For further articles on these topics:
Last week we wrote an article about avoidance behavior in grief. No surprise, more than a few people shared that they saw themselves in the description. Our social media comments and DMs blew up with one common question: “I think I’m one of those people engaged in chronic avoidance of grief. What do I do about it?!”
Today we want to answer that tough question – how do you deal with grief avoidance? But if you missed it, read the avoidance behavior article first (or this article on understanding avoidance). Today’s article isn’t nearly as helpful if you haven’t read to get a good understanding of avoidance in grief.
Before we dive in, please keep in mind that we’re not suggesting you should never engage in some avoidance coping. Quite the opposite – healthy grief often involves taking breaks, which means some balanced avoidance. The Dual Process Model of Grief even includes that as part of grief! The tips we’re sharing today are designed to address avoidance if you’re worried it’s well beyond the healthy type. Chronic, pervasive avoidance feels useful when coping early in grief but makes it hard to adapt in the long run. So how do you break the habit of avoiding your grief?
Below we’ve gathered some of our tips for facing your avoidance of grief, along with suggestions from our amazing grief community over on Instagram. This isn’t a comprehensive list, but rather a place to get you started. We’d like to keep this list growing, so if you have ideas or suggestions we haven’t covered please leave a comment down below.
10 Tips to Stop Avoiding Your Grief
- Remember that hard emotions are hard, but they aren’t bad or dangerous. It is okay to cry and yell and scream. Remind yourself that it feels excruciating, but you will survive the feelings and you are safe. The more you allow yourself tolerate the distress of hard feelings, the more practiced you become. The emotions are still just as heavy, but actually feeling them is the first step towards slowly getting stronger and better able to carry them.
- Drop the self judgement. Sometimes avoidance happens because of the pain of the emotions themselves. But sometimes there is an added layer of pressure that we put on ourselves through judgement, saying things to ourselves like, “It is wrong to feel this way”, “I should be dealing with this better”, “this shouldn’t be so hard”, or “I should be over this by now”. Remember, there is no timeline for grief and there are no “shoulds”. Emotions aren’t good or bad, they just are. Whatever feelings come up, try to just notice them from a place of curiosity, awareness, and non-judgement.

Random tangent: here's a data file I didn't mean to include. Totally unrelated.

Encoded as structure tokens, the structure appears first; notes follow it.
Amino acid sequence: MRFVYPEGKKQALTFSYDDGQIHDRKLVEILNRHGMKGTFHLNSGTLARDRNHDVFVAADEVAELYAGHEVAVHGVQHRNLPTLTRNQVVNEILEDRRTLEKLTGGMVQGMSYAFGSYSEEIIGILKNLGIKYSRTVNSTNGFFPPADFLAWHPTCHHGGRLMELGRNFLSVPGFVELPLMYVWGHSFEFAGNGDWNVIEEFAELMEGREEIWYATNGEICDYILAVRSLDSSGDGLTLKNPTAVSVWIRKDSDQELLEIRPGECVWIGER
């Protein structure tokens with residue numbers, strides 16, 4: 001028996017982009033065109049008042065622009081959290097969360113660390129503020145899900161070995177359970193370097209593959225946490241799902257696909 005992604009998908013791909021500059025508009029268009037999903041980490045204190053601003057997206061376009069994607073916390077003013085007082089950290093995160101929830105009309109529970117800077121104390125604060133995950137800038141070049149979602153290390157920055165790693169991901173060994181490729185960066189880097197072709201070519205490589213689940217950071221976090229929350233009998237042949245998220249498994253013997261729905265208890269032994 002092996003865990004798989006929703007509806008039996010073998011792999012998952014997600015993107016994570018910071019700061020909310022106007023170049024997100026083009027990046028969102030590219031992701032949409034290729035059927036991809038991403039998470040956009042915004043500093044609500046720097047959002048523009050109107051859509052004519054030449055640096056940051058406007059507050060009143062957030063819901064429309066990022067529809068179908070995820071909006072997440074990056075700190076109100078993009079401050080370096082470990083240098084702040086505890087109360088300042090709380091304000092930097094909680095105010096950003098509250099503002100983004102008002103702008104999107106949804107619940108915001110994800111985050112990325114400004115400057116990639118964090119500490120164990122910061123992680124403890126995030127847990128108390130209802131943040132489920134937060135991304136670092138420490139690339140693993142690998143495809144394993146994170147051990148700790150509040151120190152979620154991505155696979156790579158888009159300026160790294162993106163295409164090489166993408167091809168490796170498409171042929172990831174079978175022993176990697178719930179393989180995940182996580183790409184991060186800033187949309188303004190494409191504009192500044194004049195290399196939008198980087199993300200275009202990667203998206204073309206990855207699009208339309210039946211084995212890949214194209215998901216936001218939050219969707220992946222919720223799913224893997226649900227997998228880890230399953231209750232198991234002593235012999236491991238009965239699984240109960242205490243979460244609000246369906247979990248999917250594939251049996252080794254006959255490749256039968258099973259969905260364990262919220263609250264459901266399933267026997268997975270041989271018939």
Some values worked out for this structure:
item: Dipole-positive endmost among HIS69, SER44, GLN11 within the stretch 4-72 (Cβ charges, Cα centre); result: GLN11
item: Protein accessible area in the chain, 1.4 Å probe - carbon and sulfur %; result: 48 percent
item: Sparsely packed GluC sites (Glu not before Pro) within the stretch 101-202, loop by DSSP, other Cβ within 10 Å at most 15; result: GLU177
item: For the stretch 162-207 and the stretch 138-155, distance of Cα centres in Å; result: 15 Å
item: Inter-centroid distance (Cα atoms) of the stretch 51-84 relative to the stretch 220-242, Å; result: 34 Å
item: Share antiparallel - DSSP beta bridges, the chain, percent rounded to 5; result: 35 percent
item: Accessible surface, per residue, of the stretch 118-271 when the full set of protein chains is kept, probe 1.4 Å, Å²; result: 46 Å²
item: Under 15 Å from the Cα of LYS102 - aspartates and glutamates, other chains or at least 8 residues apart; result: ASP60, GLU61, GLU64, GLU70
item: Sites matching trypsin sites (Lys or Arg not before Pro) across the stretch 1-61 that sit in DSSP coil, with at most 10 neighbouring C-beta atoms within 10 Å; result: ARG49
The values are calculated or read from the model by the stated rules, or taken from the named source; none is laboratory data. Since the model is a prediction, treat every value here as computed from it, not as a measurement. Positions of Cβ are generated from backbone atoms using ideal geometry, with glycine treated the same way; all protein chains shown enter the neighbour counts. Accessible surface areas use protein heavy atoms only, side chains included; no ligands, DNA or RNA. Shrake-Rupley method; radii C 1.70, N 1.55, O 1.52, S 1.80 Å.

- Learn how to self-soothe. Okay, I know that “self-soothe” is a weird, mental-health-jargon word. But I’m not sure of a better word. “Self-soothing” is just what it sounds like: calming and comforting yourself when you are feeling difficult or uncomfortable things. If you are going to change some of those chronic avoidance patterns and feel difficult feelings, knowing the ways to take care of yourself is important.
- Identify what you’re avoiding and your avoidance tactics. If you’re going to cut back on your avoidance and start feeling those grief feelings, the first step is identifying what and how you’re avoiding. Remember, this isn’t about ceasing all avoidance. But it is about increasing an awareness of your avoidance so you can cut back in the places you want or need to while embracing moderate avoidance for some temporary grief-relief. Sometimes you know exactly when and how you’re avoiding. Sometimes it can be sneaky. Considering this list is a place to start: